Virtual reality meetings are the new Zoom

You can now attend meetings in VR even without a headset.

In response to the coronavirus pandemic, more than half of America is now working from home, with a seemingly endless stream of video conferences taking the place of in-person meetings.

Now, with “Zoom fatigue” sweeping the nation, one company is offering all these telecommuters a much-needed alternative to video calls: free virtual reality meetings.

Virtual Reality Meetings

You probably already know what video conferencing is like.

You sit in front of your webcam, click a link that brings you into a shared “meeting room,” and then all your coworkers’ faces appear on your computer. From there, you might talk with one another, send each other files, or share your screen so your coworkers can see what you’re working on.

You get a strong feeling of presence that you don’t get in a video conference.


Thomas Dexmier

The virtual reality meetings offered by New York-based startup Spatial take this to the next level.

Rather than limiting your interactions to what can appear on a computer screen, the company’s platform transforms your entire room into a virtual meeting space.

In a Spatial meeting, through a VR headset, your coworkers take the form of avatars standing next to your desk — not faces on your laptop. Instead of sharing screens, you can share virtual 3D objects, handing each other product samples to look over, perhaps.

Spatial launched in 2016, and it already has a number of major clients, including Mattel, Nestle, and Pfizer. However, interest in the company’s virtual reality meetings surged in response to the coronavirus pandemic.

“In light of COVID, we’ve actually had an intense amount of demand — about a 1,000% increase,” CEO Anand Agarawala told Wired. “Zoom is not a good replacement for being in the office with other people, whereas something like VR gives you that level of presence and personification.”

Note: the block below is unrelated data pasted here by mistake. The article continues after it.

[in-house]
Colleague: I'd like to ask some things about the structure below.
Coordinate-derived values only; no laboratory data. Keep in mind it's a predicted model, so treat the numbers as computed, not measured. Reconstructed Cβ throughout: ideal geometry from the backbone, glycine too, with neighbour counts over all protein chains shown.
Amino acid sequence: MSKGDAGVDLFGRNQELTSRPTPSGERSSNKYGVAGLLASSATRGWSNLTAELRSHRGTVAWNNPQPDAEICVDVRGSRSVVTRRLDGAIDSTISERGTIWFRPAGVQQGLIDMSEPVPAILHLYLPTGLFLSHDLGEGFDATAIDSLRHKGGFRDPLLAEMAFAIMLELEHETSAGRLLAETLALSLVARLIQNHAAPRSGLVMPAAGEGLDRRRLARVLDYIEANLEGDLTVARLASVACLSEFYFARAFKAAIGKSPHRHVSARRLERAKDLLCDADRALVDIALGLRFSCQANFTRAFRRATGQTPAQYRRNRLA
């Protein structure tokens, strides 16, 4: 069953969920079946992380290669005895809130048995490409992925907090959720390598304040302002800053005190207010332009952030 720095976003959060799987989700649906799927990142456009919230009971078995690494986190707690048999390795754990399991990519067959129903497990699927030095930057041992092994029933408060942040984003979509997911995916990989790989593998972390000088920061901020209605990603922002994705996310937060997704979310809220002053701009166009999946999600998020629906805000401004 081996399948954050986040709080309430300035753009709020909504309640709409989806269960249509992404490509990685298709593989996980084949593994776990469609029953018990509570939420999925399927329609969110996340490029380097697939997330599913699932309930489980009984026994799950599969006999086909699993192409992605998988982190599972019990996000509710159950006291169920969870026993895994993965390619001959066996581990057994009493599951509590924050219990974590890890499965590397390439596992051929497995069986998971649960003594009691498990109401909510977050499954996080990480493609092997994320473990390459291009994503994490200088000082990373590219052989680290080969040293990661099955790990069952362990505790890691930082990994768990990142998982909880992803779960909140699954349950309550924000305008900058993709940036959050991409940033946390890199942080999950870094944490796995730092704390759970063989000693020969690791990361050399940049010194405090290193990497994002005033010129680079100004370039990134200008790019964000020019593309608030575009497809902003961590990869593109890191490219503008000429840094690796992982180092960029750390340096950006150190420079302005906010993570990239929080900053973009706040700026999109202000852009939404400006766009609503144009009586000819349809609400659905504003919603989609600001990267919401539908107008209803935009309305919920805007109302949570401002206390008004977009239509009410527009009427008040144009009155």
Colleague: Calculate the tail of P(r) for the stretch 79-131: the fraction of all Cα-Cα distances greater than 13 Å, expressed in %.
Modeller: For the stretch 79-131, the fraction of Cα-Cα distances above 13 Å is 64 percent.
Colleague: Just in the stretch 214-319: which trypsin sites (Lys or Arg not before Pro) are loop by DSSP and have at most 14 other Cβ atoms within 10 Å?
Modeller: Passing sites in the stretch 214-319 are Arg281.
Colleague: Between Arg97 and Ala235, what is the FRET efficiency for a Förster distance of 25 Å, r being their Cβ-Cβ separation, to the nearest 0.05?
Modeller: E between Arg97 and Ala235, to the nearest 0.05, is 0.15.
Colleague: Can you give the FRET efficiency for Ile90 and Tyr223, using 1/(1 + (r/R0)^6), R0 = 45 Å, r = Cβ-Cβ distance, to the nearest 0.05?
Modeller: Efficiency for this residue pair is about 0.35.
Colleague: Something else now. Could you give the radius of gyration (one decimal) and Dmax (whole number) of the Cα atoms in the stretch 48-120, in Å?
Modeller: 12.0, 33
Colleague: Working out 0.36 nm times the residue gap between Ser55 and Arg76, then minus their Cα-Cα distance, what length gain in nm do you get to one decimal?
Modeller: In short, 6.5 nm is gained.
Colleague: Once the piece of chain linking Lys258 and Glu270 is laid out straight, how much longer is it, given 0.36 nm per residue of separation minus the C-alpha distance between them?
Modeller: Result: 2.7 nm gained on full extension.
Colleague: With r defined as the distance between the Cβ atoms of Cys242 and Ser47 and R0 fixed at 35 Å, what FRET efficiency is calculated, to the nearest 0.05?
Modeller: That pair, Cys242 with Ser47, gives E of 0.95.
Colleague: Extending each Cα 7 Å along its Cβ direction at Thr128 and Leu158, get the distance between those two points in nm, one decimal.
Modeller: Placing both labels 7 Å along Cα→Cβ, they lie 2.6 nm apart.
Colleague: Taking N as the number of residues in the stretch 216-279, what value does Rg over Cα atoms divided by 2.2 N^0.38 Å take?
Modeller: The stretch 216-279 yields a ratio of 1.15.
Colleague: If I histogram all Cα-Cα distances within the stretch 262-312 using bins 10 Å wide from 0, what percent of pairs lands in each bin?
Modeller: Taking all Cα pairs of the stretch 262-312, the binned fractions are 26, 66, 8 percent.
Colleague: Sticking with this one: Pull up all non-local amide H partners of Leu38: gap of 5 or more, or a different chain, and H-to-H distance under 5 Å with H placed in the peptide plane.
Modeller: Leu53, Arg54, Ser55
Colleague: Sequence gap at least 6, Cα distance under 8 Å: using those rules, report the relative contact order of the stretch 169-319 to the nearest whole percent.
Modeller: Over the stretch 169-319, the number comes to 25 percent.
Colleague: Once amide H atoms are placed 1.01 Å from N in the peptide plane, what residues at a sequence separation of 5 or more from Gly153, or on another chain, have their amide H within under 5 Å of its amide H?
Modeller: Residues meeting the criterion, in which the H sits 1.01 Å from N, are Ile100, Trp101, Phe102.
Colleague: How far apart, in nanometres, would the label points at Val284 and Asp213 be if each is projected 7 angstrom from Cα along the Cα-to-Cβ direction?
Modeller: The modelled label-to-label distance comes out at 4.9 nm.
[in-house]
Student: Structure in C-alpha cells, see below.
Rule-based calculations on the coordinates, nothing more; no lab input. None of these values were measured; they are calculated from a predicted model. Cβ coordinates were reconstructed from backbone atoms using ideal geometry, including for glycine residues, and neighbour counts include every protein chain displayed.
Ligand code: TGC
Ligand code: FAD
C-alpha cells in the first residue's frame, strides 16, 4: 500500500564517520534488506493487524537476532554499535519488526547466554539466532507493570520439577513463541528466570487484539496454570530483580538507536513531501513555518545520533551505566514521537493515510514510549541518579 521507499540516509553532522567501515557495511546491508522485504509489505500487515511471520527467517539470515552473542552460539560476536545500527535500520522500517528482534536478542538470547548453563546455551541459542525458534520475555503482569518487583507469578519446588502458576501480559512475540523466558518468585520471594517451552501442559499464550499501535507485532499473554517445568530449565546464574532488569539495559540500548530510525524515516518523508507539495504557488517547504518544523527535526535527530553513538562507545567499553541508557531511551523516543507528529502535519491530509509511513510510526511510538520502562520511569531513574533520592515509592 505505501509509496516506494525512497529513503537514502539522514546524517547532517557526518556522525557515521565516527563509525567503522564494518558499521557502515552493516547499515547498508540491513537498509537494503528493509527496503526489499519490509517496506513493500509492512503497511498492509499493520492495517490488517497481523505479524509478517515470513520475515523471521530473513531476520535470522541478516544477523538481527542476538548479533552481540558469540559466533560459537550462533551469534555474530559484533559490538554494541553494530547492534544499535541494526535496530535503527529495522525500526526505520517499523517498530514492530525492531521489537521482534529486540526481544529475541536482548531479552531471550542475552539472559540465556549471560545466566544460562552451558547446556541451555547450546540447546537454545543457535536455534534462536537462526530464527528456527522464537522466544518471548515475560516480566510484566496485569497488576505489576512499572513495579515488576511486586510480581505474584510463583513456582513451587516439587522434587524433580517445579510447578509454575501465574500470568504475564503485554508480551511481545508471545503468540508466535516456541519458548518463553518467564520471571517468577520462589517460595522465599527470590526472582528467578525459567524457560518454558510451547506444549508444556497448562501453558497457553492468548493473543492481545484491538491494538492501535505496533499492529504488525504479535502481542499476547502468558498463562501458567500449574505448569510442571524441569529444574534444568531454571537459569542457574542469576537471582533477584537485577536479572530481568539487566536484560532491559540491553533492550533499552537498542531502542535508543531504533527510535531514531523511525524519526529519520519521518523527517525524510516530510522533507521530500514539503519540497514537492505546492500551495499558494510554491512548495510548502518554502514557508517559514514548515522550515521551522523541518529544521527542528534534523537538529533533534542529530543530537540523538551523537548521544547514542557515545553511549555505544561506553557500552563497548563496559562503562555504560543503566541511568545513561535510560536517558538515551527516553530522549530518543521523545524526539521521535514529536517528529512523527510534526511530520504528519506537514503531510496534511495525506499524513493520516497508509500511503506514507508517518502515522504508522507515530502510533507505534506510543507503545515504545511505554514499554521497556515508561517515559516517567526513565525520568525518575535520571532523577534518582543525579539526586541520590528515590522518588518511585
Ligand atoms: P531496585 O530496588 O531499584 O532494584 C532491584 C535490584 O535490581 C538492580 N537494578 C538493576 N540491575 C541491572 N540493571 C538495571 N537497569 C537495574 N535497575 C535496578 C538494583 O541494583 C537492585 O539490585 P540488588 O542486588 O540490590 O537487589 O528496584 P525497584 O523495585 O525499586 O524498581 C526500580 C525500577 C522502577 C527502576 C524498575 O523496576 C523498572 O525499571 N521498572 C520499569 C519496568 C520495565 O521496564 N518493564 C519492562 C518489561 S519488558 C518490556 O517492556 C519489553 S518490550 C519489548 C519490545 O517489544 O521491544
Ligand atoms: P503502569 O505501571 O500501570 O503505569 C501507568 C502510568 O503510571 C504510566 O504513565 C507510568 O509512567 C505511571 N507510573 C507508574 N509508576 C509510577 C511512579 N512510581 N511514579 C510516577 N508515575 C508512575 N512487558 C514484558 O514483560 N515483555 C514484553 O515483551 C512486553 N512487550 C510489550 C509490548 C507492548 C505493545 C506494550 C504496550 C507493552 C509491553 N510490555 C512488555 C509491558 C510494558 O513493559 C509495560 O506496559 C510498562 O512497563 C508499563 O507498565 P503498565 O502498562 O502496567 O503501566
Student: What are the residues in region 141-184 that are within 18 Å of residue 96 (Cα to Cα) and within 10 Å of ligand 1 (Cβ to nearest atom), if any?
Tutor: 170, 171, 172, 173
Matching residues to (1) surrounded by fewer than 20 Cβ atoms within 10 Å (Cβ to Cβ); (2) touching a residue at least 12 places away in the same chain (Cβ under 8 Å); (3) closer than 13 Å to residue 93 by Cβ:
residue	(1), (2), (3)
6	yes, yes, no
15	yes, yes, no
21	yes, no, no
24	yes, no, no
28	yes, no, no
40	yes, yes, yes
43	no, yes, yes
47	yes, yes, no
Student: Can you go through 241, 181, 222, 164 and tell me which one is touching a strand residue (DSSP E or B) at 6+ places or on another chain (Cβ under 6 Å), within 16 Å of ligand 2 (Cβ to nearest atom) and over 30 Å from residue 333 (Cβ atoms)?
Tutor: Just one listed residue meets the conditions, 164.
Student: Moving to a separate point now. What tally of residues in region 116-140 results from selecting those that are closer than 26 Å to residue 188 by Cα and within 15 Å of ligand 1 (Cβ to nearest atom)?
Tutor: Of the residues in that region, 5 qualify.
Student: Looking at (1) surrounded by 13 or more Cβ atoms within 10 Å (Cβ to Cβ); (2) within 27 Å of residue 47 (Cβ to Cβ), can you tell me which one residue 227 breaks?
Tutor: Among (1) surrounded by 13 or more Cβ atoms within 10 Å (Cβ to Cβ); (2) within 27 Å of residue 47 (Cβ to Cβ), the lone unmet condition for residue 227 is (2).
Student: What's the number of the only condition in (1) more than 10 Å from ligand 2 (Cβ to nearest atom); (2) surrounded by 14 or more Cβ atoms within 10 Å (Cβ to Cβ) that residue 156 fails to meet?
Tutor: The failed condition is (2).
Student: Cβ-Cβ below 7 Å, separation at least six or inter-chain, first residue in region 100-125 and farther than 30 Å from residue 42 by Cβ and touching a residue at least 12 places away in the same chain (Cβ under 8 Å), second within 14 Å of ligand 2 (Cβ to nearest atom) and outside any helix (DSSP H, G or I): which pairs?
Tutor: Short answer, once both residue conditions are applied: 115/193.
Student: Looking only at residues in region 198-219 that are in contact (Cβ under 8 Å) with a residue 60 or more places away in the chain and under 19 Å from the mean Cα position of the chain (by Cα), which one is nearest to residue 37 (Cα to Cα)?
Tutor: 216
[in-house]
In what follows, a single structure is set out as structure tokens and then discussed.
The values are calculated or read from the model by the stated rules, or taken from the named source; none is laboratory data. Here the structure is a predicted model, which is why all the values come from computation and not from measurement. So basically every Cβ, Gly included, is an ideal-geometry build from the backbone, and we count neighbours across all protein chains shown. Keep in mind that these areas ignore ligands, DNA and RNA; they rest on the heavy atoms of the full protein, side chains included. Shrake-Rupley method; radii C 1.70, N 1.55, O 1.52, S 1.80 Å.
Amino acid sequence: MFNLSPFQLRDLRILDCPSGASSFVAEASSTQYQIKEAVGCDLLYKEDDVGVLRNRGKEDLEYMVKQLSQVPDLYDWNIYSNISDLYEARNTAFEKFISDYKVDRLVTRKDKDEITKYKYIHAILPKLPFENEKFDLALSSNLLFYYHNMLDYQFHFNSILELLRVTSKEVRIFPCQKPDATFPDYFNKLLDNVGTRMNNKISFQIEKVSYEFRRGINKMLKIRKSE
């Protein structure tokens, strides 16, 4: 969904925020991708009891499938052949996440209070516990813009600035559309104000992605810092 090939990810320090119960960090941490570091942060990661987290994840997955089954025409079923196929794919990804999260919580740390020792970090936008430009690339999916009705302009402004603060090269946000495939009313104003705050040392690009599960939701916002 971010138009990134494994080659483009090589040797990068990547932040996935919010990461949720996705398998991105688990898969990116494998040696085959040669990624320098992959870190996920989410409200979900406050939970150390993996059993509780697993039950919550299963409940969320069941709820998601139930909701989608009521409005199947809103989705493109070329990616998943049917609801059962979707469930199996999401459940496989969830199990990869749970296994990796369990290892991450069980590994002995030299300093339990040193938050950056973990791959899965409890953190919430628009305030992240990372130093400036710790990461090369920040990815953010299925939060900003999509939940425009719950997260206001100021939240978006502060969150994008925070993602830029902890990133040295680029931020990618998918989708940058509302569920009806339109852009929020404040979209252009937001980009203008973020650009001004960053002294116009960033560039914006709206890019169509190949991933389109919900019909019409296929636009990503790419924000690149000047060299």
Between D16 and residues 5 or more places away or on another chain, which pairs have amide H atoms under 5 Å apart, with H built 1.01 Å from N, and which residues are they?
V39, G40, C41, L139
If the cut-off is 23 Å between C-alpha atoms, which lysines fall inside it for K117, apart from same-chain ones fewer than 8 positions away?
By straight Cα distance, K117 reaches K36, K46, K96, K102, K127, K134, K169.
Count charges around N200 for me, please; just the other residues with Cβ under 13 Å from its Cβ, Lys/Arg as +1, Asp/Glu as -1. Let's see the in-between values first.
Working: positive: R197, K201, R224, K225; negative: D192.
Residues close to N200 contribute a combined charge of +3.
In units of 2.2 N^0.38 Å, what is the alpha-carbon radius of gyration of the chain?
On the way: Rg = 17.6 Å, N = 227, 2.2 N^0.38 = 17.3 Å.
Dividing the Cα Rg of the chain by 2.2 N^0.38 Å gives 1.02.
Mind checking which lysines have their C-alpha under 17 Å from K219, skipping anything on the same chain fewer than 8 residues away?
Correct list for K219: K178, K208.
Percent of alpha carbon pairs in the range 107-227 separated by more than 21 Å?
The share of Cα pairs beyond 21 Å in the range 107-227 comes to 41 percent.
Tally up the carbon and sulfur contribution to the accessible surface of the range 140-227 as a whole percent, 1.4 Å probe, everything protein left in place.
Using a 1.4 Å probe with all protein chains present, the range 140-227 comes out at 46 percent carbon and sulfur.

That interest prompted the company to announce on May 13 that it’s offering unlimited free access to its premium services for the coming months.

It’s also releasing a web version of its platform, meaning workers without VR headsets can still attend Spatial’s virtual reality meetings — they’ll just have to settle for seeing their coworkers’ avatars appear on their laptop screens and not in their home offices.

Saying Goodbye to Video Conferencing

Spatial is just one of many companies betting that virtual reality meetings will supplant video conferencing in the future. Most of that confidence appears centered on VR’s ability to more closely replicate an in-person meeting.

“You get a strong feeling of presence that you don’t get in a video conference,” Thomas Dexmier, HTC Vive’s country manager for Australia and New Zealand, told CRN.

“Here, when several of us are interacting, you can see exactly who is talking to you, who is looking at you, gesticulating in your direction,” he continued. “The spatial audio indicates where someone’s voice is coming from as well.”

Of course, the technology supporting Spatial and other platforms for virtual reality meetings is far from flawless — even the companies’ own demo videos show lagging graphics and avatars that are less than life-like.

Still, with so many people suddenly forced to work from home right now, Spatial has a unique opportunity to grab the world’s attention — and given that many new telecommuters won’t be going back to the office, the company might be able to keep it even after the pandemic is over.

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